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Preventing Muscle Soreness

by Mariana Shedden, MS and Len Kravitz, PhD on Jan 01, 2004

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If you have just begun a fitness program, or perhaps started up again after a long holiday break, you may have become really sore after exercising. You are probably experiencing delayed-onset muscle soreness (DOMS). Is this discomfort a necessary part of exercising? Get the scoop from two experts at the University of New Mexico, Albuquerque—Johndavid Maes and Len Kravitz, PhD.

#1: What Is DOMS? DOMS is the perception of pain and discomfort following exercise that involves increased intensity; longer duration; unfamiliar movements; or eccentric muscular work, such as downhill running or plyometrics. This discomfort is a normal response, and most people experience it to some degree.

#2: What Are the Causes and Symptoms of DOMS? For many years DOMS was blamed on the buildup of lactate (a metabolic by-product produced in the muscles from the breakdown of carbohydrate) after intense workouts, but recent research has demonstrated that the soreness following intense eccentric exercise is completely unrelated to lactate buildup. DOMS is actually brought about through tissue trauma caused predominantly by eccentric exercise. This type of exercise damages the muscle cell membrane, causing inflammation and leading to the formation of metabolic waste products that act as a stimulus to the nerve endings directly responsible for the sensation of pain.

Symptoms of DOMS can include pain, muscle tenderness, stiffness, swelling and loss of strength. Pain and tenderness usually hit the high point 1 to 3 days after exercise and subside within 7 days. Stiffness and swelling can peak 3 to 4 days after exercise and generally resolve within 10 days. Strength loss typically peaks within 48 hours after exercise; full recovery can take as long as 5 days. These symptoms are not dependent on each other and do not always occur together.

#3: What Can Help? Nonsteroidal anti-inflammatory drugs (NSAIDS)—such as aspirin and ibuprofen—were long considered a way to alleviate the symptoms of DOMS, since they were thought to combat the inflammation that occurs with exercise-induced muscle damage. However, because of inconsistencies in the research on NSAIDS and the possible side effects of their use, such as gastrointestinal distress and hypertension, these drugs no longer appear to be the best choice for treating this condition. Employing physical strategies seems to be a more consistent, effective way to keep soreness at a minimum. (See “Physical Ways to Decrease Soreness.”)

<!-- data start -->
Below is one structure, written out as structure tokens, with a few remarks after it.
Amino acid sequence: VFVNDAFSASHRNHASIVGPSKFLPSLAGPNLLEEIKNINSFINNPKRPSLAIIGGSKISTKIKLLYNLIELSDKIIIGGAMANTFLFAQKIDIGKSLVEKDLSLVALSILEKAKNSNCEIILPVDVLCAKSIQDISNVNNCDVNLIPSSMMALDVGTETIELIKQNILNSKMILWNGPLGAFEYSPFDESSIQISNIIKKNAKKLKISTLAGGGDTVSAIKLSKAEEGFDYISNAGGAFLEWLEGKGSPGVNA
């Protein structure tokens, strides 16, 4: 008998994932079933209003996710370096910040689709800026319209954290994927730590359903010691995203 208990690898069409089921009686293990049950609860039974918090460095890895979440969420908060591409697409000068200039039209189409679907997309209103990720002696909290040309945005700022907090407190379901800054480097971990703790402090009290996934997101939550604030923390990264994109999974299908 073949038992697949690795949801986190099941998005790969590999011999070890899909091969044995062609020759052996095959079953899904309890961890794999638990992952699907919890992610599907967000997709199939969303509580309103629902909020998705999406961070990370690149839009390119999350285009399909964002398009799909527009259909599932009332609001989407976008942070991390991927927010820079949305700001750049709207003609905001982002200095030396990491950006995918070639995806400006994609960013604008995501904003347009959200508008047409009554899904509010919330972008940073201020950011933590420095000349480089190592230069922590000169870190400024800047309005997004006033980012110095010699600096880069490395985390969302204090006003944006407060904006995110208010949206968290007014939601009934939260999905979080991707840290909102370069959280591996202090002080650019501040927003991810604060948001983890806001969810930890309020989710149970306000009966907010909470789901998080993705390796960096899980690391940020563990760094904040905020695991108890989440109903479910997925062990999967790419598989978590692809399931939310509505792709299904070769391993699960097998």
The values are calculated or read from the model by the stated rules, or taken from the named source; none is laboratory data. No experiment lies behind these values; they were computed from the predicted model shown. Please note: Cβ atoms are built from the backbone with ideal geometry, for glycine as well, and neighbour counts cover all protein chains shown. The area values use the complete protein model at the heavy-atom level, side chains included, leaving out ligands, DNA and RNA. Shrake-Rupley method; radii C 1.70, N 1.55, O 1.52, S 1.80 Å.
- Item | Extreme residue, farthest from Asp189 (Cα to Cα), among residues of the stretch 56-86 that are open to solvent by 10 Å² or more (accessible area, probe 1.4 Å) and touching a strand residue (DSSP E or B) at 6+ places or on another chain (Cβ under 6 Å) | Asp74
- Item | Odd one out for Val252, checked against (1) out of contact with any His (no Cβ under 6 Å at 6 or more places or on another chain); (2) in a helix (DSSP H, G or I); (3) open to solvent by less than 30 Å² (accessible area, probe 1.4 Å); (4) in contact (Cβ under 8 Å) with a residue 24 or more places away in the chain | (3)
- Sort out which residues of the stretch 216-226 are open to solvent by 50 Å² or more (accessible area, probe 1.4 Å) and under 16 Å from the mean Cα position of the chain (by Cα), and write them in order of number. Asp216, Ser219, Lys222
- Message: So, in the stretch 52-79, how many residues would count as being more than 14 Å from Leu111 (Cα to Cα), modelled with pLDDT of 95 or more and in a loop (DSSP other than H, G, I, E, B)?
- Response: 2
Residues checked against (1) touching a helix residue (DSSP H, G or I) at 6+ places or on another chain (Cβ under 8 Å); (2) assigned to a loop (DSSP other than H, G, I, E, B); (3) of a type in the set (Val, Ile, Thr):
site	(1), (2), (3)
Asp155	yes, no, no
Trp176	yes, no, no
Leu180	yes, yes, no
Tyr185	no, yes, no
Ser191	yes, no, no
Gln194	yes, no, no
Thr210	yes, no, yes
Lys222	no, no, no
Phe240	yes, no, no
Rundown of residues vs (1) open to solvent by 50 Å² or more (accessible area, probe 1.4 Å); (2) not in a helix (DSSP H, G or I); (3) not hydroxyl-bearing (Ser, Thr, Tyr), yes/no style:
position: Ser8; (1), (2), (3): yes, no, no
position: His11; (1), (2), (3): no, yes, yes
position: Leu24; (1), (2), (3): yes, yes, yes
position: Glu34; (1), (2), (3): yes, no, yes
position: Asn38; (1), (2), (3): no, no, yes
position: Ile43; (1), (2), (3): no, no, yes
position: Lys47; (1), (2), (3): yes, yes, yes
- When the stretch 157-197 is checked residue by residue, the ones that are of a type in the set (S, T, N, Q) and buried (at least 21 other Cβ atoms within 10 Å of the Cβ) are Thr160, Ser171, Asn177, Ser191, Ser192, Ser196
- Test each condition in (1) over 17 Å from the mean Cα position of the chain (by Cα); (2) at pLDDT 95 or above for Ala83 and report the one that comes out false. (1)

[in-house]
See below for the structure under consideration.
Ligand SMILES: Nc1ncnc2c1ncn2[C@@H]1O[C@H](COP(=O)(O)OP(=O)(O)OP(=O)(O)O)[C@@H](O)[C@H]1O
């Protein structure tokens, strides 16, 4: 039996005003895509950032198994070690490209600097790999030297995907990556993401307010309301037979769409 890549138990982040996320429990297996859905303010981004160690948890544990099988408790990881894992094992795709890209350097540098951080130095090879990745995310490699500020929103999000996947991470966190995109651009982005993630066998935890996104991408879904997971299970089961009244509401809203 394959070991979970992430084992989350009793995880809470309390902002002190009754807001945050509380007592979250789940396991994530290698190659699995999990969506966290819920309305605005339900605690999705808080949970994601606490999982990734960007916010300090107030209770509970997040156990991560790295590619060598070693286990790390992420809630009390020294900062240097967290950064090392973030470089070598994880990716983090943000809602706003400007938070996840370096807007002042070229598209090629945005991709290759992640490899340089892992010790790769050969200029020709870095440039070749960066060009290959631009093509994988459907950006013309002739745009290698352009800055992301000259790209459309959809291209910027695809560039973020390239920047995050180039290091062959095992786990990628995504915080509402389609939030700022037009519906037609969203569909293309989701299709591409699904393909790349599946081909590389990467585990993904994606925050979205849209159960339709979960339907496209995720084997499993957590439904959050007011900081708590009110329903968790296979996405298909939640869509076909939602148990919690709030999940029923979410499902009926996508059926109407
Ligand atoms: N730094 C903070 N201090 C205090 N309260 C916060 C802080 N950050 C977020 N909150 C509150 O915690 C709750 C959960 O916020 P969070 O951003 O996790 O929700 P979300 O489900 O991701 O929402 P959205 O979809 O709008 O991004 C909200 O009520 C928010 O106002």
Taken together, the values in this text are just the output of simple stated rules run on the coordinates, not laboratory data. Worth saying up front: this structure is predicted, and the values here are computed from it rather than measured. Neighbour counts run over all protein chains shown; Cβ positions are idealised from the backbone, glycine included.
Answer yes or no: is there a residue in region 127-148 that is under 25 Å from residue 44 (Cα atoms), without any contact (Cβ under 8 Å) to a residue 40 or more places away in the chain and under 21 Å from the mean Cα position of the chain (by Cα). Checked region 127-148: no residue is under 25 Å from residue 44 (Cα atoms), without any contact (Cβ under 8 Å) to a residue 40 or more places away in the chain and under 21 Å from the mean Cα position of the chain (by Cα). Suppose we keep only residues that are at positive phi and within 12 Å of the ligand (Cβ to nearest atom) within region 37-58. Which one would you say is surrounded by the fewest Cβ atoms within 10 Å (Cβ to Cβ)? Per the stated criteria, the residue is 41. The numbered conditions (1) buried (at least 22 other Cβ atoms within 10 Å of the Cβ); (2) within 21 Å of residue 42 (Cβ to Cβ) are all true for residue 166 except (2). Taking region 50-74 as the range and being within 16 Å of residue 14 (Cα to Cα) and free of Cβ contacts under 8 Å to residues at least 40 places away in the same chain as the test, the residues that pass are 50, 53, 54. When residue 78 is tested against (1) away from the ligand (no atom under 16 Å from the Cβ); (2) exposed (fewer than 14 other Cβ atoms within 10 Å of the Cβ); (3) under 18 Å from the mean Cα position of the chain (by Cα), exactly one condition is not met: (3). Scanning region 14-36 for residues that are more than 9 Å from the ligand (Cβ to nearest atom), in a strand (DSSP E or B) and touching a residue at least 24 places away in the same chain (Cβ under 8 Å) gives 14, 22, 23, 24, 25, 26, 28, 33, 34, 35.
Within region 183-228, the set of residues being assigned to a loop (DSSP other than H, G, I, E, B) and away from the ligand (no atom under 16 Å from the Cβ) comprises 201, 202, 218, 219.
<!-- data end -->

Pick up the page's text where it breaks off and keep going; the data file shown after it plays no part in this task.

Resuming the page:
Understanding the causes, symptoms and treatment of DOMS may help you avoid its complications—so you can keep exercising!

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IDEA Personal Trainer, Volume 2005, Issue 1

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© 2004 by IDEA Health & Fitness Inc. All rights reserved. Reproduction without permission is strictly prohibited.

About the Authors

Mariana Shedden, MS

Mariana Shedden, MS IDEA Author/Presenter

Len Kravitz, PhD

Len Kravitz, PhD IDEA Author/Presenter

Len Kravitz, PhD, is the program coordinator of exercise science and a researcher at the University of New Mexico in Albuquerque, where he recently won the Outstanding Teacher of the Year award. Len was also honored as the 2006 Fitness Educator of the Year by the American Council on Exercise.